11 Great Inventions We Can Thank India For

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Being one of the oldest civilisations in the world, complete with a rich history and culture, as well as a strong and long scientific and technological tradition, it comes as no surprise that many significant inventions have come out of India. Here is a look at 11 of the country’s finest creations.

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The Zero

The biggest and the most important contribution to the history of mathematics was ‘Zero’, which is literally nothing, but without it, there would have been no binary system and subsequently, no computers. And who gave the world this numeral? All thanks need to go to the man of numerous mathematical and astronomical talents, Aryabhata. Indians were the first to use ‘Zero’ as a symbol and in mathematical operations, such as addition, subtraction, etc.

The Ayurveda

If you’ve ever undergone Ayurvedic therapy, you’ve got India to thank India for it or, more precisely, the Father of Medicine, Charaka, who was one of the prime contributors to Ayurveda. ‘Ayurveda’ means ‘science of life’; it is a traditional school of medicine, invented and practised in India for over 5,000 years, and helps people attain good health and living, without the use of prescription drugs. This ancient system of medicine has persisted even in the 21st century, and in recent years, it has gained popularity across the world as a complementary and alternative medicine.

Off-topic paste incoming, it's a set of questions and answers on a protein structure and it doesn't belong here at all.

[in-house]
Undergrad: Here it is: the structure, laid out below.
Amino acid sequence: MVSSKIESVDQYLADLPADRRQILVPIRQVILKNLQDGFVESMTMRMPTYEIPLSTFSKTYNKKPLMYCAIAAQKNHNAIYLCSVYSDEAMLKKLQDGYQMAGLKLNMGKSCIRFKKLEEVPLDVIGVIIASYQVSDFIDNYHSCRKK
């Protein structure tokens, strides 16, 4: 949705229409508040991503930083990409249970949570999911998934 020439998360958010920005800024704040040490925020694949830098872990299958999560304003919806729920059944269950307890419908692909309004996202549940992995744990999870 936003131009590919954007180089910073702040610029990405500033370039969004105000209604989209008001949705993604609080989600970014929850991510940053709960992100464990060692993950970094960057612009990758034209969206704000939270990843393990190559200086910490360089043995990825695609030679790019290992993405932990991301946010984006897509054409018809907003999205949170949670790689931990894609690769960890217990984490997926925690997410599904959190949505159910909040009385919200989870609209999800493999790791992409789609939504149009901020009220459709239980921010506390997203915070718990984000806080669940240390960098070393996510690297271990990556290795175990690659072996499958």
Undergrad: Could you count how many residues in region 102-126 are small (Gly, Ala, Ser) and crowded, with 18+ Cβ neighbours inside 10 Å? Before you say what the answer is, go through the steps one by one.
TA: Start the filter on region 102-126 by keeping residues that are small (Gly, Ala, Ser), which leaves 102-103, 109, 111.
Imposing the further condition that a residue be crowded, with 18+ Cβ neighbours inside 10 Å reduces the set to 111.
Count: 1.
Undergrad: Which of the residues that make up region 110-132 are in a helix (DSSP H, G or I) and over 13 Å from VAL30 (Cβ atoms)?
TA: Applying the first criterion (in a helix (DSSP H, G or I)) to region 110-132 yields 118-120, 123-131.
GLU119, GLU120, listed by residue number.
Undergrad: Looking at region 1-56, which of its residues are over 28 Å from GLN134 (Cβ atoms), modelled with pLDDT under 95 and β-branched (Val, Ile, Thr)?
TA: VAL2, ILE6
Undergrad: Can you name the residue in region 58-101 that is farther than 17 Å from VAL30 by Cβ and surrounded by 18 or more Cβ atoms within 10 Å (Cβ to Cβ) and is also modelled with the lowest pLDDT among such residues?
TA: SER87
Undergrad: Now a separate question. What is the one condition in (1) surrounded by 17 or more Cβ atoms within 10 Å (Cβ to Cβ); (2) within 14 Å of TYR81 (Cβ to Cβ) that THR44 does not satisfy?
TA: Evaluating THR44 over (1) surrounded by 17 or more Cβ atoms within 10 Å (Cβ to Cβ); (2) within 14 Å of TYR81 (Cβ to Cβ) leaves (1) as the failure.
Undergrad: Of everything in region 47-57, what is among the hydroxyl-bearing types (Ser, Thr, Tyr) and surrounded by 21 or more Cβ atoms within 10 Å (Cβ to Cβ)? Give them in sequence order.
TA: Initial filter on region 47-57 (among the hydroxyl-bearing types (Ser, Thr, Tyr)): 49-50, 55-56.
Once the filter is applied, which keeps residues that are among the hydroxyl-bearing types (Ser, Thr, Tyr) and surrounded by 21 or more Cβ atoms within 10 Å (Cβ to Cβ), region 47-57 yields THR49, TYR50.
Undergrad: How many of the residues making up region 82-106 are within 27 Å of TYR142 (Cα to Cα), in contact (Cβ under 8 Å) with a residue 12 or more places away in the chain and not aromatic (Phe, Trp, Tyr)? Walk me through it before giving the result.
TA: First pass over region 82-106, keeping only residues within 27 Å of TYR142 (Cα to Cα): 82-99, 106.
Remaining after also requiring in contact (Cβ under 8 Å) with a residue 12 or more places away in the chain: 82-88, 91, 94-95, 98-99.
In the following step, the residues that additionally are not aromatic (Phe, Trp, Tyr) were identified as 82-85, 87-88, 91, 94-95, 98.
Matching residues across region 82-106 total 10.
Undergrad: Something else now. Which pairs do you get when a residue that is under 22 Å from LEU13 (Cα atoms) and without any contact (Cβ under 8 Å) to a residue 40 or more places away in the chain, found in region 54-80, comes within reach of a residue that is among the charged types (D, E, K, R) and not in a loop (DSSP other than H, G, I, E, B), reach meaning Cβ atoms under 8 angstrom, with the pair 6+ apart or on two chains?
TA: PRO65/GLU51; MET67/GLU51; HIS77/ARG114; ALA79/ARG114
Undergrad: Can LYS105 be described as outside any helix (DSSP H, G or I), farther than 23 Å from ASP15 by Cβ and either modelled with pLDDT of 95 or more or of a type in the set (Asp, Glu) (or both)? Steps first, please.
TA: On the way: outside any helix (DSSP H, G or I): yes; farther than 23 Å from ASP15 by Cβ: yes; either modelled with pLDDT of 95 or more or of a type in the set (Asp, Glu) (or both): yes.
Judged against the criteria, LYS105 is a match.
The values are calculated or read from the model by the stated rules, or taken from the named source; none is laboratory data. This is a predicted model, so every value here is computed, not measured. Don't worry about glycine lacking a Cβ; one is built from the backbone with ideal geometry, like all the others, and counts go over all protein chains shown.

The USB (Universal Serial Bus)

A man with many accolades under his belt, Ajay V. Bhatt (an Indian-American computer architect) made the USB, a little removable storage device that is capable of holding a large chunk of data storage and transfer. Plus, it’s easy to carry and use.

Board games

That’s right – you have India to thank for board games, such as the classic ‘Chess’ and ‘Snakes and Ladders’. Chess is the game of intellectuals, and it originated as ‘Ashtapada’ during the Gupta period around the 6th century AD. Gyandev, a 13th-century poet, invented ‘Snakes and Ladders’, originally known as ‘Mokshapat’. The snakes represent vices, while ladders denote virtues. During the British rule in India, this ancient Indian game made its way to England and later to the USA.


A significant contribution in the field of healthy living, India introduced the world to yoga, discovered and practised in the country since ancient times, with origins tracing back to Lord Shiva (also known as Adi Yoga), the first yoga guru. Today, people practise this spiritual, physical and mental exercise across the world on a daily basis for healthy living. Moreover, the world celebrates ‘International Yoga Day’ on June 21st every year, and the man responsible for this day is none other than India Prime Minister Mr Narendra Modi, who initiated the concept of practising yoga and celebrating it as Yoga Day.